How to sell a house with a notorious past? Sometimes it means getting creative
The Los Feliz house where a murder-suicide occurred in 1959 is for sale but sat vacant for decades.(Genaro Molina / Los Angeles Times)
The Rancho Santa Fe home where the 1997 Heaven’s Gate suicide occurred was rebuilt.(Denis Poroy / Associated Press)
Neverland no longer has amusement-park rides and has a new name: Sycamore Valley Ranch.(Jim Bartsch / Jim Bartsch)
O.J. Simpson’s Brentwood estate eventually sold for around its asking price.(Mark J. Terrill / Associated Press)
As soon as the ramshackle house in Los Feliz hit the Multiple Listing Service last month, people began lining up in droves to see the property.
That’s normal in Los Angeles, one of the nation’s fastest-moving markets. But this time, the wave of interest wasn’t sparked by the home’s impressive location, on a hillside overlooking downtown L.A., nor was it for its asking price of $2.75 million. Instead, the looky-loos were drawn by the home’s grisly past.
The 1920s Spanish Colonial Revival gained notoriety on the night of Dec. 6, 1959, when then-owner Dr. Harold Perelson used a ball-peen hammer to bludgeon his sleeping wife to death in their bedroom. The 50-year-old cardiologist then turned on their teenage daughter, striking her with the hammer, before committing suicide by drinking a glass of acid.
In most cases, the stigma attached from a murder-suicide will fade over time. But the legend of Los Feliz’s so-called Murder House has only increased as it sat dormant for more than half a century — and led many to wonder who would want to buy such an infamous home, and for what price.
Homes tainted by homicide typically go for a discount of between 10% to 15% on the low end, and 25% on the high end, he said. They may also take longer to sell. In California, a death at a home must be disclosed for three years.
Selling a notorious property sometimes means finding creative ways to give it a fresh start.
When Neverland, the onetime home of Michael Jackson in Los Olivos, came up for sale last year for $100 million, the property looked markedly different from the fairy-tale setting the international superstar had built.
Gone from the 2,700-acre estate were such whimsical details as the amusement park rides and the zoo animals Jackson kept on the grounds. Listing details also showed that the Neverland name had been ditched for a more ambiguous moniker: Sycamore Valley Ranch.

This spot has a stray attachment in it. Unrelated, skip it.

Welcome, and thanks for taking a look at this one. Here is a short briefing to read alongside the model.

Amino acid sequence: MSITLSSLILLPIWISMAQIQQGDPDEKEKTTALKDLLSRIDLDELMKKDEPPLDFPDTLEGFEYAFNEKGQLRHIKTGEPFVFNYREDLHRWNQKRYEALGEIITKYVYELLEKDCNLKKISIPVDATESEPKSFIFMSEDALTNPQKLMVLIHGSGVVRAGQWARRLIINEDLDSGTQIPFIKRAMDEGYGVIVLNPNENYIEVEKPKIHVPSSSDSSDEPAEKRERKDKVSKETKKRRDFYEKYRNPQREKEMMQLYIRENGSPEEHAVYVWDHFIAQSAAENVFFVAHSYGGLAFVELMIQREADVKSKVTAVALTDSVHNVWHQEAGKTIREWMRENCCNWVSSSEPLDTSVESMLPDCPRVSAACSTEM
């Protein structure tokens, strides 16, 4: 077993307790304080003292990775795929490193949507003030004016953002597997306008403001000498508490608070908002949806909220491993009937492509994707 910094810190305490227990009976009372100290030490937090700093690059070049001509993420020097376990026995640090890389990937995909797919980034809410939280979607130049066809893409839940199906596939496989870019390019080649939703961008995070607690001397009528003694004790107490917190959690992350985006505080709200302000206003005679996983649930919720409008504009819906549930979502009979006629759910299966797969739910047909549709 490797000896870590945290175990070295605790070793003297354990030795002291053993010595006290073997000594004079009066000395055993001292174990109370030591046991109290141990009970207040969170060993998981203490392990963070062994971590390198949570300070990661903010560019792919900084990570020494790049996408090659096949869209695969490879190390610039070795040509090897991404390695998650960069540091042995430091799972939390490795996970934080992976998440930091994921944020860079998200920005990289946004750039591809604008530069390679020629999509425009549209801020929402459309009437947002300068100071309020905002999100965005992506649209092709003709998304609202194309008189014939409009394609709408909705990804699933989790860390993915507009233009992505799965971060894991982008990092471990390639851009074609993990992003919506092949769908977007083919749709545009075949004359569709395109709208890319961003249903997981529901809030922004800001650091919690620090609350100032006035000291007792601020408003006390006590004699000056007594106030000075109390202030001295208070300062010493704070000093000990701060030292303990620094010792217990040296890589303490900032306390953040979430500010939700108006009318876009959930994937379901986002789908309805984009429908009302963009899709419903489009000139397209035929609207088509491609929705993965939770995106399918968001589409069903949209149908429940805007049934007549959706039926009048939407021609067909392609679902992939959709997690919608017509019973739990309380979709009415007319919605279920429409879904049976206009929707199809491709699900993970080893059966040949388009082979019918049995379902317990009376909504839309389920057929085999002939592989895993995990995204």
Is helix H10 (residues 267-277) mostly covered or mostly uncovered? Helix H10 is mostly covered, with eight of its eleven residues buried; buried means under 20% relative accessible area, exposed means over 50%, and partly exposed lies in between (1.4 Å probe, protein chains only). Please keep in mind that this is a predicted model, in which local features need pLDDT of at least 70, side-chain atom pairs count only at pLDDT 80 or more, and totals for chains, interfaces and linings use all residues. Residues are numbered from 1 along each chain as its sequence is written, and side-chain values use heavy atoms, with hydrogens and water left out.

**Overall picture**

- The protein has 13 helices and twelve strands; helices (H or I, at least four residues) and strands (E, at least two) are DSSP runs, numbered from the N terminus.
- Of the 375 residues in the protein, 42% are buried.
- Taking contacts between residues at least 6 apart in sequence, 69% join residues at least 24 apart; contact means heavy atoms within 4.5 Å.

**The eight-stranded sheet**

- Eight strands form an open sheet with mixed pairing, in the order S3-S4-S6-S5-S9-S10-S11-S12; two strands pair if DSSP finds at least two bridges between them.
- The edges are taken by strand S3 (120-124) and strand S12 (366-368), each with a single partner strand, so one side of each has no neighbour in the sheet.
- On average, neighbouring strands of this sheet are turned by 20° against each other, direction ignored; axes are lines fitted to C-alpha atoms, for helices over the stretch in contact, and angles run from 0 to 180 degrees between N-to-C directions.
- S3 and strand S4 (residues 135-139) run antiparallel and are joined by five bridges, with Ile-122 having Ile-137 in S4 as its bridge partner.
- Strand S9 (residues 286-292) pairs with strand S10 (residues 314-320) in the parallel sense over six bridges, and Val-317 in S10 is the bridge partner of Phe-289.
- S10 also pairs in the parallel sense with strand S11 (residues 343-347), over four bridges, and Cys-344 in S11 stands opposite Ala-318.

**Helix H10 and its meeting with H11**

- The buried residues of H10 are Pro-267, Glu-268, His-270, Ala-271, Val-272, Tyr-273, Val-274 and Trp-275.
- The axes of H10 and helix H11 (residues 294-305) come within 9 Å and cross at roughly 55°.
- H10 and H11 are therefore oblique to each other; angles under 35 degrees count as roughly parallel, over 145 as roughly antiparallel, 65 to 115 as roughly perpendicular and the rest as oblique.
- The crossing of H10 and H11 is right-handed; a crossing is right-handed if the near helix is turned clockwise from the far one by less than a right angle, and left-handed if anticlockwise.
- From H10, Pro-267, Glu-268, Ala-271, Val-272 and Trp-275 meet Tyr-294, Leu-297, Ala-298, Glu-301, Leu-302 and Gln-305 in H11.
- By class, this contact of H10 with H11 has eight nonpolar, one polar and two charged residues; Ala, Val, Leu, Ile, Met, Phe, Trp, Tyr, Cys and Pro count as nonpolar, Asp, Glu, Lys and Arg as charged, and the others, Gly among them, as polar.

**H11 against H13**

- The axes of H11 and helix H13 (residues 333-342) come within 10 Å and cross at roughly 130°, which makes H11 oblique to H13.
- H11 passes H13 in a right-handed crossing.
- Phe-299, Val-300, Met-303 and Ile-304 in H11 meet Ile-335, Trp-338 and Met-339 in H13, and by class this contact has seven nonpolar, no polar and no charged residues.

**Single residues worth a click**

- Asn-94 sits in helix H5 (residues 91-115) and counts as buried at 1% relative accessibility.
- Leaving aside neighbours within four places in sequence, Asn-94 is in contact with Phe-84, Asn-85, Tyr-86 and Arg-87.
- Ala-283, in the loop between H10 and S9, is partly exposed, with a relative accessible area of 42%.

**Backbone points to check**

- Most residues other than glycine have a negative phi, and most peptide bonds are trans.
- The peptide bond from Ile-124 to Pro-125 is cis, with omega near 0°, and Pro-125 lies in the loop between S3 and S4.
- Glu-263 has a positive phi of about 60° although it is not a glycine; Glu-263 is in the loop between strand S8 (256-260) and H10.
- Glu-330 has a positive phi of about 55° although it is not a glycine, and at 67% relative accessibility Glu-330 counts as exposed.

The changes weren’t a huge surprise, given the circumstances. The property became the scene of police investigations in the 1990s after allegations of child molestation arose. Jackson was acquitted on all charges.
“There is obviously a lot of affection for him and his talent,” Bell told The Times last year. “But it’s hard to get by the fact that Neverland is closely associated with child molestation.”
Still, a home’s infamy can often be superseded by locale, particularly in Los Angeles’ luxury markets.
No property was as high profile in the 1990s as the Brentwood mansion where O.J. Simpson made his home, where the tail end of his infamous freeway chase played out, and television crews camped out during his criminal trial.
When the home on North Rockingham Drive came up for sale in 1997, it was priced in keeping with market rates. The place eventually sold that year for about the asking price of $3.95 million.
“I definitely don’t think it was a plus — probably a minus,” said Joe Babajian, an agent with Rodeo Realty who co-listed the property. “The location was just so prime.”
Even the most blighted home can make a break from its sordid history, but it sometimes requires tearing down walls.
In Rancho Santa Fe, residents went to great lengths to distance themselves from the mansion where 39 Heaven’s Gate cult members committed suicide in 1997.
The street in which the 9,200-square-foot home sat was renamed in the months that followed the tragedy. The address, too, was changed.
The home was sold in 1999 for $668,000, a fraction of its $1.6-million asking price before the suicides. The buyers eventually demolished the structure and built anew.
Public records show that the property has sold twice since then: first in 2004 for $1.8 million and, more recently, in 2010 for $4.6 million.
Given the ghosts in its past, the most recent transaction was a remarkable resale. And proof that with enough time and reconstruction, stigma can fade away.
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